Figure 6. Effect of prodigiosin and prodigiosin/Cu(II) on non-established P. aeruginosa PA14 biofilms grown on glass substratum. All cultures were grown in LB10 at 37°C with shaking at 100 rpm. (A) Control culture (untreated), (B) + DNAse I, (C) + 100 μM prodigiosin, (D) + 500 μM prodigiosin, (E) + 100 μM Cu(II), (F) + 100 μM prodigiosin + 50 μM Cu(II), (G) + 100 μM prodigiosin + 100 μM Cu(II). Image J software was used to quantify, (H) biofilm thickness (μm), (I) biovolume (μm3/μm2), (J) % surface coverage at substratum and (K) % live/dead biofilm biomass. Error bars represents standard deviations from the mean (n = 3). Asterisks indicate the significant differences in comparison to control samples (P < 0.01).
Figure 7. Effect of prodigiosin and prodigiosin/Cu(II) on pre-established P. aeruginosa PA14 biofilms grown on glass substratum. All cultures were grown in LB10 at 37°C with shaking at 100 rpm. (A) Control culture (untreated), (B) + DNAse I, (C) + 100 μM prodigiosin, (D) + 500 μM prodigiosin, (E) + 100 μM Cu(II), (F) + 100 μM prodigiosin + 50 μM Cu(II), (G) + 100 μM prodigiosin + 100 μM Cu(II). Image J software was used to quantify, (H) biofilm thickness (μm), (I) biovolume (μm3/μm2), (J) % surface coverage at substratum and (K) % live/dead biofilm biomass. Error bars represents standard deviations from the mean (n = 3). Asterisks indicate the significant differences in comparison to control samples (P < 0.01).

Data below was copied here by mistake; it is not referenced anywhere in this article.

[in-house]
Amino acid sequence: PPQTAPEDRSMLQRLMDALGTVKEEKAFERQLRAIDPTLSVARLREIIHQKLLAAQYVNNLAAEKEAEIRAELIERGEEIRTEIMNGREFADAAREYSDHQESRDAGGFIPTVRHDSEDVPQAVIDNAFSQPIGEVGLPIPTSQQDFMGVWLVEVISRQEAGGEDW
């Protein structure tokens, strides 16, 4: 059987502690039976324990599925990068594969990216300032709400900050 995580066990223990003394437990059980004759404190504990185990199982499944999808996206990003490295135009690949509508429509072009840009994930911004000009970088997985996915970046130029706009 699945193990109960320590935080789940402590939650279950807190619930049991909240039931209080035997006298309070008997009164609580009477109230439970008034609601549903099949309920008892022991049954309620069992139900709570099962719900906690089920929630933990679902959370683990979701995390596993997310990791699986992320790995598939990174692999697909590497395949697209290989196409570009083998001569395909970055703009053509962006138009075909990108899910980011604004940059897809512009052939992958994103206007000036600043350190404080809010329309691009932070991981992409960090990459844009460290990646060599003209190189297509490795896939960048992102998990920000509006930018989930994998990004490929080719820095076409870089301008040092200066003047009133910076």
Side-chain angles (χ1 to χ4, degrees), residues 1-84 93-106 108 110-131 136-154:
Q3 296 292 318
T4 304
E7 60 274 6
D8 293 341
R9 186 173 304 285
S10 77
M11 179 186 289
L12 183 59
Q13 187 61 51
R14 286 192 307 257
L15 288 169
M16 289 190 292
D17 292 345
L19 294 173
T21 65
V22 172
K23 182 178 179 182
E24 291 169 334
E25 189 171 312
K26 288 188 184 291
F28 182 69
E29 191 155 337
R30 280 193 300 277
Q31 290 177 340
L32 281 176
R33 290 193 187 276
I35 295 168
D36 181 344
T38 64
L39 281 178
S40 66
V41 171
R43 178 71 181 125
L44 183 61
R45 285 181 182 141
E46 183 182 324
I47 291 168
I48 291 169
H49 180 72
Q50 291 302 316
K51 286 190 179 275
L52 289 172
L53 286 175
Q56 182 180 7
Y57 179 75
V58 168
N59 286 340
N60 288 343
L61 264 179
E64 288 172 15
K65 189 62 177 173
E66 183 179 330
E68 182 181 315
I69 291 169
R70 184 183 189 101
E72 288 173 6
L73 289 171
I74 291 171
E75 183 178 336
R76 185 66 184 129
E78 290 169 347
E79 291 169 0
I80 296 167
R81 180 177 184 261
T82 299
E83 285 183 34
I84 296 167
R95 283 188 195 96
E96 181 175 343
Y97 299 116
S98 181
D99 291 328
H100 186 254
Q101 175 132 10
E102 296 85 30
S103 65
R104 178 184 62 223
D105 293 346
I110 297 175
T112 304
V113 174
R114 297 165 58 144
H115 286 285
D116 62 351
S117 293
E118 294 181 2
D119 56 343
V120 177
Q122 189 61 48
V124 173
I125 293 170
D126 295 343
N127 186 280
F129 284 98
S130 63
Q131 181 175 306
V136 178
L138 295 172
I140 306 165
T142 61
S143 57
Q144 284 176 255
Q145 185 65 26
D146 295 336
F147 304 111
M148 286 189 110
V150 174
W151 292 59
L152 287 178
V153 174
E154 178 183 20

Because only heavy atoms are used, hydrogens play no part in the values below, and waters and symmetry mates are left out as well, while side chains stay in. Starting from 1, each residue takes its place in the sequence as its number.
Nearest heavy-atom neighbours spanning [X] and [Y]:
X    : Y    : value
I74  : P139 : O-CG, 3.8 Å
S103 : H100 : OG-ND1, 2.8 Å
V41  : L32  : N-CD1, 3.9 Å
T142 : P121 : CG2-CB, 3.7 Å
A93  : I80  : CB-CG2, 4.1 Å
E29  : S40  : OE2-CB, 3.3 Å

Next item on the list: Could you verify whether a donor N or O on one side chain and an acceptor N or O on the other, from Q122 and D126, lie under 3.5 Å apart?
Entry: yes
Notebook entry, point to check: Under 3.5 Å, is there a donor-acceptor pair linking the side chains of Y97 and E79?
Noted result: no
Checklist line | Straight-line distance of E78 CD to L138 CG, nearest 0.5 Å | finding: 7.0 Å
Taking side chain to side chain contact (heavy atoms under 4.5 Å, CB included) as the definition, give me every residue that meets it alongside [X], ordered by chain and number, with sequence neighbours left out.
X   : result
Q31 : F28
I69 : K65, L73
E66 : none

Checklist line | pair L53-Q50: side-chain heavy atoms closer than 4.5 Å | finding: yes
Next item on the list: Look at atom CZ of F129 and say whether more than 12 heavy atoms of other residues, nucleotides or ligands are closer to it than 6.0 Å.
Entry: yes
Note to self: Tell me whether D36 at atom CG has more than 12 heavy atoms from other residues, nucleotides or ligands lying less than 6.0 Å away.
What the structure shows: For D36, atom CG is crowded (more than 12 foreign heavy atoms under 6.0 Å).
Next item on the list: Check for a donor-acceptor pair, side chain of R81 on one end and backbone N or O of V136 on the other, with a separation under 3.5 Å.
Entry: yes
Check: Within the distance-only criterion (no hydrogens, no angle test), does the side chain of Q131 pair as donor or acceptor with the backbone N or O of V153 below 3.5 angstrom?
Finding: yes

The impact of prodigiosin on biofilm formation was consistent on polystyrene substratum (Figures 8A–F, Supplementary Table 1). Figures 8A,G show non-treated control biofilms with clear visualization of network like structures that linked the whole biofilm. Previous research (Bockelmann et al., 2006) showed eDNA forming network like structures that integrate biofilms. Biofilm formation was disrupted in prodigiosin (500 μM) treated culture through removal (cleavage) of eDNA strands (Figures 8D,H).
Figure 8. Effect of prodigiosin on P. aeruginosa PA14 biofilms grown on polystyrene substratum. All cultures were grown in LB10 at 37°C with shaking at 100 rpm. Non-established biofilms; (A) control culture (untreated), (B) + 100 μM prodigiosin, (C) + 200 μM prodigiosin and (D) + 500 μM prodigiosin. Pre-established biofilms; (E) control culture (untreated), (F) + 500 μM prodigiosin. Visualization of eDNA strands in (G) non-established biofilm control culture (pointed by arrows) and (H) non-established biofilm culture treated with 500 μM prodigiosin.